Fluid-structure interaction of submerged shells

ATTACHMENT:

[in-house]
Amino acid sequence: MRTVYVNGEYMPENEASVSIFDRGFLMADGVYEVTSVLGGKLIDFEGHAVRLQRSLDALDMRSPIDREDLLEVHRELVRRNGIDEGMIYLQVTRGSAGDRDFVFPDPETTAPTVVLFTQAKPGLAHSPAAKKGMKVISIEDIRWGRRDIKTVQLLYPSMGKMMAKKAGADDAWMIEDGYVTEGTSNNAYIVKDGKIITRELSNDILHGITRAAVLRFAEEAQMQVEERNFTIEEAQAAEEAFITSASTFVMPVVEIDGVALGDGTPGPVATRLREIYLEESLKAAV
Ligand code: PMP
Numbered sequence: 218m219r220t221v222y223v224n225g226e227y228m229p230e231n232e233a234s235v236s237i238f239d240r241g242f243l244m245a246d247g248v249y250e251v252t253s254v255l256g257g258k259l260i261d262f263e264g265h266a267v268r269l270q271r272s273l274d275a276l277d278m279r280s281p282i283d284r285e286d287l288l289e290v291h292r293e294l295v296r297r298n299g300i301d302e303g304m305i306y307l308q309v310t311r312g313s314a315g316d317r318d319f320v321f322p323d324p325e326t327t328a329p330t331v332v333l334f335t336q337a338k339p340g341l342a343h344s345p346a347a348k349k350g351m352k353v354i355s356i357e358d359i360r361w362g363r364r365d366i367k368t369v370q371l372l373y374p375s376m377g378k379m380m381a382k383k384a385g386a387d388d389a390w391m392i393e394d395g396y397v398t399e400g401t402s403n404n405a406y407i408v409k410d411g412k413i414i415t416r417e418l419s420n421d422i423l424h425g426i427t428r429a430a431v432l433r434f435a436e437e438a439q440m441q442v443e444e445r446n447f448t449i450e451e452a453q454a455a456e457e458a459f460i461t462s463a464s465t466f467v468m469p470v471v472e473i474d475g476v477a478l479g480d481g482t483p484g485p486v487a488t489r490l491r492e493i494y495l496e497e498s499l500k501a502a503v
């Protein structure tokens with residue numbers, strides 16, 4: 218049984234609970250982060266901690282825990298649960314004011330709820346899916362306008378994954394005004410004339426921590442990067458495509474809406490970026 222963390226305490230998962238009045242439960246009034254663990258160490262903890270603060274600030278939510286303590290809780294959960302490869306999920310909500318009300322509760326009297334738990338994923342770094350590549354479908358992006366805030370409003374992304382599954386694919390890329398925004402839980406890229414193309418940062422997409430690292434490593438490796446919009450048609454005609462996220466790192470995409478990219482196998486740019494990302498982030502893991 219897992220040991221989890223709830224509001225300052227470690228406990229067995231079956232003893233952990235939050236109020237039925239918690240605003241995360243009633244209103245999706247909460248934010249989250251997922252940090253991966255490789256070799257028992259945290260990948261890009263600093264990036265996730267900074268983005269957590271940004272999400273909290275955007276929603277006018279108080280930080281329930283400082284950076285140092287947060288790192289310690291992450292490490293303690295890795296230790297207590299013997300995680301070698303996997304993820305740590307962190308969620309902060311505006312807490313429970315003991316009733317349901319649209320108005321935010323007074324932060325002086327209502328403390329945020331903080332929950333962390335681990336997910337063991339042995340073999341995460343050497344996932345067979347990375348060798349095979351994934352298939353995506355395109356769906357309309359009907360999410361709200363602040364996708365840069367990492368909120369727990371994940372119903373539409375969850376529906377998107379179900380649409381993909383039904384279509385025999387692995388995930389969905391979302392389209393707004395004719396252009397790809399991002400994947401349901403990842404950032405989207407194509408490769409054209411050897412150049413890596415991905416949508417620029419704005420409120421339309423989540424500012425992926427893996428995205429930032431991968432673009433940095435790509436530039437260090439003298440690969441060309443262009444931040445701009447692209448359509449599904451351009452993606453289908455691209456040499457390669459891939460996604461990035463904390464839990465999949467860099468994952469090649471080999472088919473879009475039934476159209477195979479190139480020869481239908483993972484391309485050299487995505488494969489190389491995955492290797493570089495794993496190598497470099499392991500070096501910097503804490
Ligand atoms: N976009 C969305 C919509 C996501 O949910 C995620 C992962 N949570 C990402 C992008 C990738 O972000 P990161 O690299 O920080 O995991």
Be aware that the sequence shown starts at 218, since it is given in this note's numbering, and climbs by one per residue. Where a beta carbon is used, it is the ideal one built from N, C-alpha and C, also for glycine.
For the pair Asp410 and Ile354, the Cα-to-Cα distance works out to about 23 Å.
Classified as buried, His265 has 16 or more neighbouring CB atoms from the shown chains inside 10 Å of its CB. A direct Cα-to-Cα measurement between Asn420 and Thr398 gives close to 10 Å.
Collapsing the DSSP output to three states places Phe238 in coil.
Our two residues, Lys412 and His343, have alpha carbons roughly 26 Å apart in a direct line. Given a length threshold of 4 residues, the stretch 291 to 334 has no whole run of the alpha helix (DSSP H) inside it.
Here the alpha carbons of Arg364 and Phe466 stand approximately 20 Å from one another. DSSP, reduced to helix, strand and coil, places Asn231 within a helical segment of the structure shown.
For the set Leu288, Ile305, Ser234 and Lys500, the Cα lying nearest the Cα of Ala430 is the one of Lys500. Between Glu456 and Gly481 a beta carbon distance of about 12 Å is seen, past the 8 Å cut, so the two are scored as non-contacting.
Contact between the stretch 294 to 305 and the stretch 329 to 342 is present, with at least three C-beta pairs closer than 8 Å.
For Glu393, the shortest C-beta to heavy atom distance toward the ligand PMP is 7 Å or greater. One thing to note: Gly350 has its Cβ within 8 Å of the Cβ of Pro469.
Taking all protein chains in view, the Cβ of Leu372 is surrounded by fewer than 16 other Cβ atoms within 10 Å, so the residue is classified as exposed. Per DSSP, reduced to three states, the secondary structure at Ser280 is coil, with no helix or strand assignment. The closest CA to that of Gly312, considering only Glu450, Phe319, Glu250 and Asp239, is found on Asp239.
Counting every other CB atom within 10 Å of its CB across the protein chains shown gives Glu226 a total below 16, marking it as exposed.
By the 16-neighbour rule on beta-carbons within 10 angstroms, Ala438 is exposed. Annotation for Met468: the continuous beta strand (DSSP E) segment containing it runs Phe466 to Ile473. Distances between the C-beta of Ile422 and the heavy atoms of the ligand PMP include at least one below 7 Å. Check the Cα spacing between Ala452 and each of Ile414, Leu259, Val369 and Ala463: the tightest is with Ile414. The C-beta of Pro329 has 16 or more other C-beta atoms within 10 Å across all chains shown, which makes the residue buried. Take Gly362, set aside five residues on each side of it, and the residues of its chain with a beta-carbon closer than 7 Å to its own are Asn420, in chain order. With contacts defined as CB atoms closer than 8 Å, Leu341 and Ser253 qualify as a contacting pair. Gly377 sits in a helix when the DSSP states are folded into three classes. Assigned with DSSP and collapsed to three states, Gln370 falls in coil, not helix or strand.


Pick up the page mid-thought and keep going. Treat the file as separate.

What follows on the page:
A general three-dimensional hydroelasticity theory for the evaluation of responses has been adapted to formulate hydrodynamic coefficients for submerged shell-type structures. The derivation of the theory has been presented and is placed in context with other methods of analysis. The ability of this form of analysis to offer an insight into the physical behaviour of practical systems is demonstrated. The influence of external boundaries and fluid viscosity was considered separately using a flexible cylinder as the model. When the surrounding fluid is water, viscosity was assessed to be significant for slender structural members and flexible pipes and in situations where the clearance to an outer casing was slight. To validate the three-dimensional hydroelasticity theory, predictions of resonance frequencies and mode shapes were compared, with measured data from trials undertaken in enclosed tanks. These data exhibited differences due to the position of the test structures in relation to free and fixed boundaries. The rationale of the testing programme and practical considerations of instrumentation, capture and storage of data are described in detail. At first sight a relatively unsophisticated analytical method appeared to offer better correlation with the measured data than the hydroelastic solution. This impression was mistaken, the agreement was merely fortuitous as only the hydroelastic approach is capable of reproducing-the trends recorded in the experiments. The significance of an accurate dynamic analysis using finite elements and the influence of physical factors such as buoyancy on the predicted results are also examined.